- Cover the bowl with plastic wrap, pressing the plastic wrap against the surface of the dough so that it doesn't form a skin.
- Proof the dough in the fridge overnight.
- In the morning, remove the dough from the fridge and set aside so you can prepare the cinnamon sugar filling.
- Combine the softened butter, brown sugar, salt and cinnamon in a small bowl and mix into a smooth paste. Set aside.
- On a floured surface, roll out the dough to a 18x12 rectangle.
- Make sure the long side is facing you. Starting on the long side of the dough closest to you, tightly roll up the dough into a log. Pinch the seams together so that the log doesn't become unrolled when cutting into rolls.
- Trim ¼" off of each end of the log. Cut the dough using a sharp knife, a bench scraper, or unflavored dental floss into rolls, about 1 ½" wide.
- Line a 9x13 baking pan with parchment paper. Place the rolls evenly in the pan, leaving space between each roll.
- Cover the pan with plastic wrap and proof in a warm spot for two hours, until the dough has risen, is puffy and the rolls are touching each other.
- Heat the oven to 350F. Remove the plastic wrap from the rolls. Bake for 35-40 minutes, or until the internal temperature of the rolls reaches 190F.
- While the rolls are baking, make the frosting. Place the butter in a light-colored sauce pan over medium-low heat. Once melted, the butter will begin to pop and sizzle around the edges. In about 5-8 minutes from when you started, the butter will turn dark golden brown. The majority of the popping will subside and the milk solids at the bottom of the pan will be a dark toasty brown. It will smell buttery and nutty, but not burned. Let the butter cool to room temperature.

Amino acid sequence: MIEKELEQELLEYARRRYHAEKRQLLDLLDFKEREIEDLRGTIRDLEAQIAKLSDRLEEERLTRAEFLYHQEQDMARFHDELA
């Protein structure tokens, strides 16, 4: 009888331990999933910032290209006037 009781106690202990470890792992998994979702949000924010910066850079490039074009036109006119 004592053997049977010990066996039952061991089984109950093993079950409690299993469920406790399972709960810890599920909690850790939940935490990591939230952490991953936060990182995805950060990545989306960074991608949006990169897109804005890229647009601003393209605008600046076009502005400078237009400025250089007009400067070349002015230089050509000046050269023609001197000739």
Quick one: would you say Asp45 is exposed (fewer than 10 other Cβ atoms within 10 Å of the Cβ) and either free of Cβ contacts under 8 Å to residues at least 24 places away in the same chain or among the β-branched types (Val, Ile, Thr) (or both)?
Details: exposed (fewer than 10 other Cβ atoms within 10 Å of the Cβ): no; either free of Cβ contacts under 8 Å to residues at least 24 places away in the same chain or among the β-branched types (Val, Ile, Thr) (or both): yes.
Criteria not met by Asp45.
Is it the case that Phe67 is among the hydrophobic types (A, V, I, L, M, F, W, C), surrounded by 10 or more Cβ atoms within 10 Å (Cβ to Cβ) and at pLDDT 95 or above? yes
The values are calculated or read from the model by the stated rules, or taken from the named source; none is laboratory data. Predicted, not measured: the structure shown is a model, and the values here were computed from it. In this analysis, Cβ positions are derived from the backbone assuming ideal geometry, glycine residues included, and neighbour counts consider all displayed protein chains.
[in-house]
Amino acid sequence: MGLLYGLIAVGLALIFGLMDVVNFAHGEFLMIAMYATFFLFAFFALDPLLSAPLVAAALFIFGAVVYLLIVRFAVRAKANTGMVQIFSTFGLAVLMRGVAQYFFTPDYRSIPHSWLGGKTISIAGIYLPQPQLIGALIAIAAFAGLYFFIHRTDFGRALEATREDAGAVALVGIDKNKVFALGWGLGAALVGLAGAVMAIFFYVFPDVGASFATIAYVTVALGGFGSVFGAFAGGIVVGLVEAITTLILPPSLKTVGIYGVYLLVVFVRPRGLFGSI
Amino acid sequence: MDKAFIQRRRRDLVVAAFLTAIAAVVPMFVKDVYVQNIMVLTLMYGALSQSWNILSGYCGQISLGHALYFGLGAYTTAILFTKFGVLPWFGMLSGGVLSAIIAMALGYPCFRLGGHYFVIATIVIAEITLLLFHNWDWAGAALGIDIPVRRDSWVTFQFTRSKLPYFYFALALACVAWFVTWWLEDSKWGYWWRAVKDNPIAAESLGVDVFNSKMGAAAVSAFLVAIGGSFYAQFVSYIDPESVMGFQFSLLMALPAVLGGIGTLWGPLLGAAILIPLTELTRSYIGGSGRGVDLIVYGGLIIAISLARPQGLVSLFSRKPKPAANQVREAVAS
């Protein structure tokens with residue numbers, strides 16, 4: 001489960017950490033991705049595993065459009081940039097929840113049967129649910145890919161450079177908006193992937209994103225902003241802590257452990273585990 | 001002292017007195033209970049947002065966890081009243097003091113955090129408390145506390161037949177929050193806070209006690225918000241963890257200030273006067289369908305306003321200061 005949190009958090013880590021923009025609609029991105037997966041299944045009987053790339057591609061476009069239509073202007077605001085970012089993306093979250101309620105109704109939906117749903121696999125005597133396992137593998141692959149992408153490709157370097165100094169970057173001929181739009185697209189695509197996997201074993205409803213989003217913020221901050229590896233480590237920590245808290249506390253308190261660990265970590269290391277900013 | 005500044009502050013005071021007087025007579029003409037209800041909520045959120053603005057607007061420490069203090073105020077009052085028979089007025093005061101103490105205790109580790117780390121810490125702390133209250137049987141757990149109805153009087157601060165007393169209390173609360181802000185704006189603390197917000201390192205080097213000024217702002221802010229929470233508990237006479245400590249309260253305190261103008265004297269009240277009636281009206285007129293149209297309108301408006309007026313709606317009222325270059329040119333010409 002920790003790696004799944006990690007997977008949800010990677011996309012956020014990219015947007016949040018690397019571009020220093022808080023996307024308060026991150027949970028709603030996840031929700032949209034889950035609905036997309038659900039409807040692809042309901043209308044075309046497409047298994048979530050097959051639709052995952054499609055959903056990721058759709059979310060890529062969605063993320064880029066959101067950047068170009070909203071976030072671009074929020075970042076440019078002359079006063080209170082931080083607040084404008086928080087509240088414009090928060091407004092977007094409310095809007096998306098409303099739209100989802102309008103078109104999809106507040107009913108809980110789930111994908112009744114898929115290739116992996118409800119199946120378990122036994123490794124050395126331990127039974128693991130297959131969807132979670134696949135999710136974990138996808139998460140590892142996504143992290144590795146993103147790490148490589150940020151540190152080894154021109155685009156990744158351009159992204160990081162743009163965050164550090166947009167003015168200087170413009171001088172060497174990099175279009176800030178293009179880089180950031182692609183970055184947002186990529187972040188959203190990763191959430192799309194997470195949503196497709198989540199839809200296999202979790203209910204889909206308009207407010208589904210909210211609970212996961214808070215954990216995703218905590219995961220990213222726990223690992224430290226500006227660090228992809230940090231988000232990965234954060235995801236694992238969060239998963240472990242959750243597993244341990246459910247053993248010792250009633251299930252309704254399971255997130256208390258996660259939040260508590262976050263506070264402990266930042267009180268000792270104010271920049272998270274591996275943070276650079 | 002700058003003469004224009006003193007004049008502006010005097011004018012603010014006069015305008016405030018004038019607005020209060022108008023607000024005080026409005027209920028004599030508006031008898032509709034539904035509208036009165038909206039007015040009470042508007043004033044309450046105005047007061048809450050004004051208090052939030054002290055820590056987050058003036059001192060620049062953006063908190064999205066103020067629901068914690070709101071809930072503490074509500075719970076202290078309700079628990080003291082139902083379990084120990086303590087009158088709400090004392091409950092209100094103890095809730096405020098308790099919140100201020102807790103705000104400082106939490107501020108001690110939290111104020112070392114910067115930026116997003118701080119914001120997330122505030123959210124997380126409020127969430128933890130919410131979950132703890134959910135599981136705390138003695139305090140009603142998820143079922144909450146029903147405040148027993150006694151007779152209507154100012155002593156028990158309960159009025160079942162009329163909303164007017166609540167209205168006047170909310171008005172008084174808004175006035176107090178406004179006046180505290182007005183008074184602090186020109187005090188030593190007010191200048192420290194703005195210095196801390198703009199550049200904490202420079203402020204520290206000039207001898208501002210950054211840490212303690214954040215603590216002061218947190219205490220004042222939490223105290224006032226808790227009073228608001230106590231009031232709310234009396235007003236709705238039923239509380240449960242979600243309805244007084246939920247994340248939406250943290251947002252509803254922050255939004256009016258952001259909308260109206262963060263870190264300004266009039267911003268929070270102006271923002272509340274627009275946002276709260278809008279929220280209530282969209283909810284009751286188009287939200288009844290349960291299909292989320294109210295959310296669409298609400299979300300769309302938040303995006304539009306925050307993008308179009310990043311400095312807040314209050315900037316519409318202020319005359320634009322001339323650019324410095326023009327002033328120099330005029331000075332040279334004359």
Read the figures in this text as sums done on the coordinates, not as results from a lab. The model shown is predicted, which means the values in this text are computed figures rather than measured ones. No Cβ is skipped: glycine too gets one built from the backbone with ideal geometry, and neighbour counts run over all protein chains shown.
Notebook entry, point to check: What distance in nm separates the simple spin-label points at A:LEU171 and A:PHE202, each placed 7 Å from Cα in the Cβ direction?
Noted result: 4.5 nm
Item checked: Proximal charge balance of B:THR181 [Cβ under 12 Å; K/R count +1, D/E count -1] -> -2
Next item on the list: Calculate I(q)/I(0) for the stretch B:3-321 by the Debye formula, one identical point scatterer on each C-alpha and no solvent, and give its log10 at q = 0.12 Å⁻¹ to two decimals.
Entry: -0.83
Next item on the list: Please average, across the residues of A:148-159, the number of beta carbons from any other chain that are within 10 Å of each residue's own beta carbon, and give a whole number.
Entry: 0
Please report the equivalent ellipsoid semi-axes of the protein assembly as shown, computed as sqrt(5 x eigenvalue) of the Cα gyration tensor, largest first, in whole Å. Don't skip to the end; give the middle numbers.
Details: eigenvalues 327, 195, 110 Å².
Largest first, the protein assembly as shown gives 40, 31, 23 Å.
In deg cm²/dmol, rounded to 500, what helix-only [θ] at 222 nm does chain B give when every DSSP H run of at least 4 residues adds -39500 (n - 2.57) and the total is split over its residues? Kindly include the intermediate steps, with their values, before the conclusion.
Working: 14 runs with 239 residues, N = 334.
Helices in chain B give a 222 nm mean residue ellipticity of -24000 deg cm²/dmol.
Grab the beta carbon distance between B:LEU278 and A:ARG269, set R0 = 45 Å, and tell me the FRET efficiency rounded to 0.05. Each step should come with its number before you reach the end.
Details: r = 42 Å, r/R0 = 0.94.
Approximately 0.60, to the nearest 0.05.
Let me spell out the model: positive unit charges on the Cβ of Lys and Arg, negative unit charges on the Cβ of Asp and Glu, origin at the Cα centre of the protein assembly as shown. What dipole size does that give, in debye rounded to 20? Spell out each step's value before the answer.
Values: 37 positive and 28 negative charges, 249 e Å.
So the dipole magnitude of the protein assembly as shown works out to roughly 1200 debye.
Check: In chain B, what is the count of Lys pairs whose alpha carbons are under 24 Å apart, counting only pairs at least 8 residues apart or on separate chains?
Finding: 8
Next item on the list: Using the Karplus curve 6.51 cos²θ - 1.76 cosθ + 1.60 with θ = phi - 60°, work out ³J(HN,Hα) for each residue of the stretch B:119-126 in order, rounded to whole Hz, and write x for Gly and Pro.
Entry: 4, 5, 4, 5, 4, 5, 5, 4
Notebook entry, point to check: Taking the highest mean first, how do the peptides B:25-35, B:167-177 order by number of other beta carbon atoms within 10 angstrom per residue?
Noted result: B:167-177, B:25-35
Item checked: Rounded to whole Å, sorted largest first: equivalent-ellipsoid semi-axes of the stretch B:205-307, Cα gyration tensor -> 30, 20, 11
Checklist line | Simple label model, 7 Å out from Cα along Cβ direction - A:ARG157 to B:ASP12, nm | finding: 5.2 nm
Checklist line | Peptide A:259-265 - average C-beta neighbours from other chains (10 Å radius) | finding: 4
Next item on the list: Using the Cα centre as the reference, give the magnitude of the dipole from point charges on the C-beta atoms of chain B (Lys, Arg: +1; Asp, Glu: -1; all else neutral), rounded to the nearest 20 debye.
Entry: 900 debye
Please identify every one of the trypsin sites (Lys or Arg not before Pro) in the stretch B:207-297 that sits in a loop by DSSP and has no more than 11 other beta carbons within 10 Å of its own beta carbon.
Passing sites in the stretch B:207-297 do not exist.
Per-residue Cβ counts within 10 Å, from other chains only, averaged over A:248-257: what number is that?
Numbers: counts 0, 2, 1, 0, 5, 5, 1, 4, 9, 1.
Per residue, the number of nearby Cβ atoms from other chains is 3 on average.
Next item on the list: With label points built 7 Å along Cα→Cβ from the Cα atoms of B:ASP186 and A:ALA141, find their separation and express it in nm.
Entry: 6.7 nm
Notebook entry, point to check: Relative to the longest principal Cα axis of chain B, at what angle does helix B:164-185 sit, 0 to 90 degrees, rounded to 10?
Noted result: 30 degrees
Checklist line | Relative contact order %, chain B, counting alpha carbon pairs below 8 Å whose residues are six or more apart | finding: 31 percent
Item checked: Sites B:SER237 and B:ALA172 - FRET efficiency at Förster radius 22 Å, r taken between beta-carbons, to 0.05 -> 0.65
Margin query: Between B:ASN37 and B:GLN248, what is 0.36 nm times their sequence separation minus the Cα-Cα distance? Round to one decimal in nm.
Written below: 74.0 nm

- In the bowl of a stand mixer, combine the cream cheese, confectioners sugar, salt and vanilla. Add in the room temperature browned butter and mix to combine. When all the ingredients are combined, turn the speed up to medium. Whip until light and fluffy, about 3-4 minutes.
- Once the rolls are out of the oven, let them cool for about 5 minutes before adding the frosting. Spread the frosting over the warm rolls and serve.